The Adage Use It or Lose It Doesn’t Apply to Languages

People store knowledge of foreign languages in their brains and can recall it decades later in times of need, according to research by linguists at the University of York’s Department of Language and Linguistics.

What to Know

  • There is no distinct area of the brain for different languages, but parts of the English language overlay with parts of the brain where other languages have been stored.

  • The knowledge of language is astonishingly stable over long periods and exists in a densely connected network within the brain. Only a small amount of motivation is needed to recall this language that was learned.

  • Vocabulary is memorized in the same way that facts, dates, and names are, and while this memory is vulnerable to erosion, grammar is learned in a similar way to how one learns to ride a bike — a kind of muscle memory, which is much more stable.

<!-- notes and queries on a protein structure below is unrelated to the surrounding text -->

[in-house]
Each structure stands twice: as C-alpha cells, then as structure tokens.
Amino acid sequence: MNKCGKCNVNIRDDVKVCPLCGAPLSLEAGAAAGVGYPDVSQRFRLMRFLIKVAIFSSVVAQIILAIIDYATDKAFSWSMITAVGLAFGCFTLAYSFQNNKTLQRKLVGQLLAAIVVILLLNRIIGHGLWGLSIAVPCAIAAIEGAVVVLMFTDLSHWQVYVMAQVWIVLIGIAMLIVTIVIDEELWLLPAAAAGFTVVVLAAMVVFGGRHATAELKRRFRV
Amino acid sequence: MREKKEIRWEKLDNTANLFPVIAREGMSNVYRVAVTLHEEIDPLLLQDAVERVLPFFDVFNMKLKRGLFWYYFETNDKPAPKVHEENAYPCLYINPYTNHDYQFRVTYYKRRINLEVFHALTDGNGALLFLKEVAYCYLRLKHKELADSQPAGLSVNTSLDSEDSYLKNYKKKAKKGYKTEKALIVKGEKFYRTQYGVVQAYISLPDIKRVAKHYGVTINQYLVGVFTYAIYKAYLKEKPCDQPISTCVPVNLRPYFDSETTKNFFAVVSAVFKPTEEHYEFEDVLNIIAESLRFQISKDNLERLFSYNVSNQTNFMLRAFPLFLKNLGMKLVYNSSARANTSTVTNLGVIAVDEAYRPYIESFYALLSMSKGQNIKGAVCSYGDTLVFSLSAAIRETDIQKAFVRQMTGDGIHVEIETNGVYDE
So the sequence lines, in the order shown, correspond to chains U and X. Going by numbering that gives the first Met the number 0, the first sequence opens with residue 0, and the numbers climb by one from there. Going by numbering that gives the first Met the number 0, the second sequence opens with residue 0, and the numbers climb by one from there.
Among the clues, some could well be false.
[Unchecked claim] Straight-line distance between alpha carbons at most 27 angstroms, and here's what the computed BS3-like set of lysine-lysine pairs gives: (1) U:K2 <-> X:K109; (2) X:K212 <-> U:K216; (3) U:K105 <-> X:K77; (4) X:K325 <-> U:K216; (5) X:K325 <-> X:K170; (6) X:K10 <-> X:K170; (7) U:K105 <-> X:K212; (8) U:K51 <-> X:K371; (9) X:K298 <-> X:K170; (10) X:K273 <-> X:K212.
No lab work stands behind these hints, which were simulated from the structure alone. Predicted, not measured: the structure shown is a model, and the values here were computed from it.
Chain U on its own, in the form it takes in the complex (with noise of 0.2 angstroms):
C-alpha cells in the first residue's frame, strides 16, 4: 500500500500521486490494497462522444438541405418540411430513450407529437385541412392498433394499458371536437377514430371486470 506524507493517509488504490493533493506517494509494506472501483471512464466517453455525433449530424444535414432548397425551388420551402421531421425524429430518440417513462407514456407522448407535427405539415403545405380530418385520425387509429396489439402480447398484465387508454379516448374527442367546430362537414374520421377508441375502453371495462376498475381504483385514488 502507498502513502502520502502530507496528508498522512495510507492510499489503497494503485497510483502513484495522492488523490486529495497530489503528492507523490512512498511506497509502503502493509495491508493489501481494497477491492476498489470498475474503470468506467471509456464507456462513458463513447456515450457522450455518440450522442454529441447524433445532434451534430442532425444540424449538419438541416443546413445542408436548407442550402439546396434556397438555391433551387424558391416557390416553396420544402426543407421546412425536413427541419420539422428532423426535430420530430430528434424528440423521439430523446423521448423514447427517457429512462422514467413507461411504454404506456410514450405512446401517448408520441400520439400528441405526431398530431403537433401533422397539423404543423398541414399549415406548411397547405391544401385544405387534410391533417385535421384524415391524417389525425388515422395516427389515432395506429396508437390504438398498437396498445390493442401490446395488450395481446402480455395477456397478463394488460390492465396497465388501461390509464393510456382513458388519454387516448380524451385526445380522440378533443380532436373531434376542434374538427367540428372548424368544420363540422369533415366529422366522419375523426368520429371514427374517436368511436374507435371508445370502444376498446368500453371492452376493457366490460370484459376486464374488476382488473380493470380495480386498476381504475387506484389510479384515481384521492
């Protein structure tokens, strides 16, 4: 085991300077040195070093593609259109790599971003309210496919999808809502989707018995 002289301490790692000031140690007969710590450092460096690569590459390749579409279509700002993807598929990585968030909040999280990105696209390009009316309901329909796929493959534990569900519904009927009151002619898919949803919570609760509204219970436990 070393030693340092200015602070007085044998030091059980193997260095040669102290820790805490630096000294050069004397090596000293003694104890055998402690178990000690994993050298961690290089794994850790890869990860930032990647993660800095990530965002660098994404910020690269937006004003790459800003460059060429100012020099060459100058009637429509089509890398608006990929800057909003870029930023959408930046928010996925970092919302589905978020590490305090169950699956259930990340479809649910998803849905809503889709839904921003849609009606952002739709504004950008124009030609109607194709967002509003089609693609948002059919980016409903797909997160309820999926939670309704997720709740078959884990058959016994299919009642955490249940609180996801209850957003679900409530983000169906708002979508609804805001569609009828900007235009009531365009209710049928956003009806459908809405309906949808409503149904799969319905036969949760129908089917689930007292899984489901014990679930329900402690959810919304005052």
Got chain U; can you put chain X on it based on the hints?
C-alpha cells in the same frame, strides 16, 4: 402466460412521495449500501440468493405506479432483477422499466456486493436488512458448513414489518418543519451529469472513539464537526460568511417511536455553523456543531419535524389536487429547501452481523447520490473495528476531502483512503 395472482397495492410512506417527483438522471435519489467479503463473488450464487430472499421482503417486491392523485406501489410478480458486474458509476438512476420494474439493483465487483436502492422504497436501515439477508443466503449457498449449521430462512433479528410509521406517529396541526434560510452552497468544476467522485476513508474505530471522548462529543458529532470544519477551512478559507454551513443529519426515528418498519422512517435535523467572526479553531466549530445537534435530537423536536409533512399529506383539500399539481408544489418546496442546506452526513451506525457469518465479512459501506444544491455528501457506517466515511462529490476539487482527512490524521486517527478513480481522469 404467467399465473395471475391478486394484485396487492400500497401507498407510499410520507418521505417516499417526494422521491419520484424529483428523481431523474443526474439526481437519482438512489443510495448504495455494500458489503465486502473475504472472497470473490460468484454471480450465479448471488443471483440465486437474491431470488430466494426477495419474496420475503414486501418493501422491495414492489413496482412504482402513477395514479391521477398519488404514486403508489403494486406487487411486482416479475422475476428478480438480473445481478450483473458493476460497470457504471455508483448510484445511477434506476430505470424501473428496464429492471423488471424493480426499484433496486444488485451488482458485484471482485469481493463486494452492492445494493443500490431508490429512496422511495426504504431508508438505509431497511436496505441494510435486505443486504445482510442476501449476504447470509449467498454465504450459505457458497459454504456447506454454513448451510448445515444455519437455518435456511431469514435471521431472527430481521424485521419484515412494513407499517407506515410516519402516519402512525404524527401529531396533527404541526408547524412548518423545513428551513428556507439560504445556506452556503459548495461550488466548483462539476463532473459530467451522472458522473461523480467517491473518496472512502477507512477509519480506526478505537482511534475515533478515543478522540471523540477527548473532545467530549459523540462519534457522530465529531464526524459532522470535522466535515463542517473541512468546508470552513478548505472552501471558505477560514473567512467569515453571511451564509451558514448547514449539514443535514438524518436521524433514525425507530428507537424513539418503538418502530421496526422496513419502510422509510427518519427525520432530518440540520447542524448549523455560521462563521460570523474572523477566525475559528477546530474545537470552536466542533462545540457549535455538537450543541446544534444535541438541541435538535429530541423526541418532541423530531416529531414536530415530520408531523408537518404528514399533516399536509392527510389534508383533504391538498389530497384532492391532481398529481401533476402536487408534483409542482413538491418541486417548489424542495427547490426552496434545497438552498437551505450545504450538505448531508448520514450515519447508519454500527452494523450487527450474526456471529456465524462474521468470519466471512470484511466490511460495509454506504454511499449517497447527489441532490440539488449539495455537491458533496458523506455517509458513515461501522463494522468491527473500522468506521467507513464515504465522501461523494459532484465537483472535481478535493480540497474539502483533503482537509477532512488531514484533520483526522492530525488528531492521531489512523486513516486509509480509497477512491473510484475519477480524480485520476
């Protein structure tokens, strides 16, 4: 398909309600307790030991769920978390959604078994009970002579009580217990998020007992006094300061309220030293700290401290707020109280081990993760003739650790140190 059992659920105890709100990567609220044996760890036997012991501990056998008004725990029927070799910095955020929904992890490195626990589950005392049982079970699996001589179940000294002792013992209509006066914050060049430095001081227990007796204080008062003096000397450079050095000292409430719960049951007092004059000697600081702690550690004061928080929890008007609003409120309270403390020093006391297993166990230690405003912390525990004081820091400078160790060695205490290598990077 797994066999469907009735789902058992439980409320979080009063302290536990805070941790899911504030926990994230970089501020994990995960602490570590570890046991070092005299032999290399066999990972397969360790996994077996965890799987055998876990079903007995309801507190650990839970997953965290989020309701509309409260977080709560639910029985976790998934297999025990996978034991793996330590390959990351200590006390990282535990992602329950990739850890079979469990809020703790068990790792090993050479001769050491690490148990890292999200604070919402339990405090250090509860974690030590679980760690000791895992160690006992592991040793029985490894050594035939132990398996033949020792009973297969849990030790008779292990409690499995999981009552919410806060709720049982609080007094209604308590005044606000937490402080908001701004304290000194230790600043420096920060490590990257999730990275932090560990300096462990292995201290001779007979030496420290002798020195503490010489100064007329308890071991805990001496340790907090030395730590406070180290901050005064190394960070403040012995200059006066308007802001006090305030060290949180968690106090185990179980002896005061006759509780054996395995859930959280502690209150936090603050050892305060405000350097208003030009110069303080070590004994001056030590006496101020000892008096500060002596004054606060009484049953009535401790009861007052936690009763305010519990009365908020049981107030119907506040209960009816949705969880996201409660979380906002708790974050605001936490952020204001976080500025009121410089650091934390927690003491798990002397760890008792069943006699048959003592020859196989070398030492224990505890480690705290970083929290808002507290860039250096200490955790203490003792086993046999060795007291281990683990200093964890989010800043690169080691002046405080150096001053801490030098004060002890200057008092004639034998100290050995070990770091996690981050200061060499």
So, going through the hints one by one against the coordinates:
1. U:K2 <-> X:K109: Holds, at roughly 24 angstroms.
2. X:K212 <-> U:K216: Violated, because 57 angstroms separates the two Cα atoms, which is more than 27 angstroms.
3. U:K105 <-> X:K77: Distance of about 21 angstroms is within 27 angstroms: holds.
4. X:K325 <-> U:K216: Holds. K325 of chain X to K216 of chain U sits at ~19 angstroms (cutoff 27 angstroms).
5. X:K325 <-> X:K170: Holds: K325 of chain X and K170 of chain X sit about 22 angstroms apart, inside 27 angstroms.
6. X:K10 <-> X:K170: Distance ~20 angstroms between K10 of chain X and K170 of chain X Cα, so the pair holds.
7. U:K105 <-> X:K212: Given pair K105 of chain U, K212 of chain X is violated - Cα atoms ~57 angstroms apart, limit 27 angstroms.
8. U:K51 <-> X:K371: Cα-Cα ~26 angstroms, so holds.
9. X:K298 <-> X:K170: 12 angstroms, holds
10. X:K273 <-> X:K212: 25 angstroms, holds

• Small but regular stimuluses of even just one word periodically over time and even decades keep foreign language skills “awake” in the brain, even if the person is not using them.

  • Basics for a learned foreign language remain in the memory, and therefore it would not take a great amount of learning to pick it back up again at the point where it was left off.

This is a summary of the article, “Knowledge of Foreign Languages Lasts a Lifetime, New Research Shows,” published by Language Teaching on August 25, 2022. The full article can be found on

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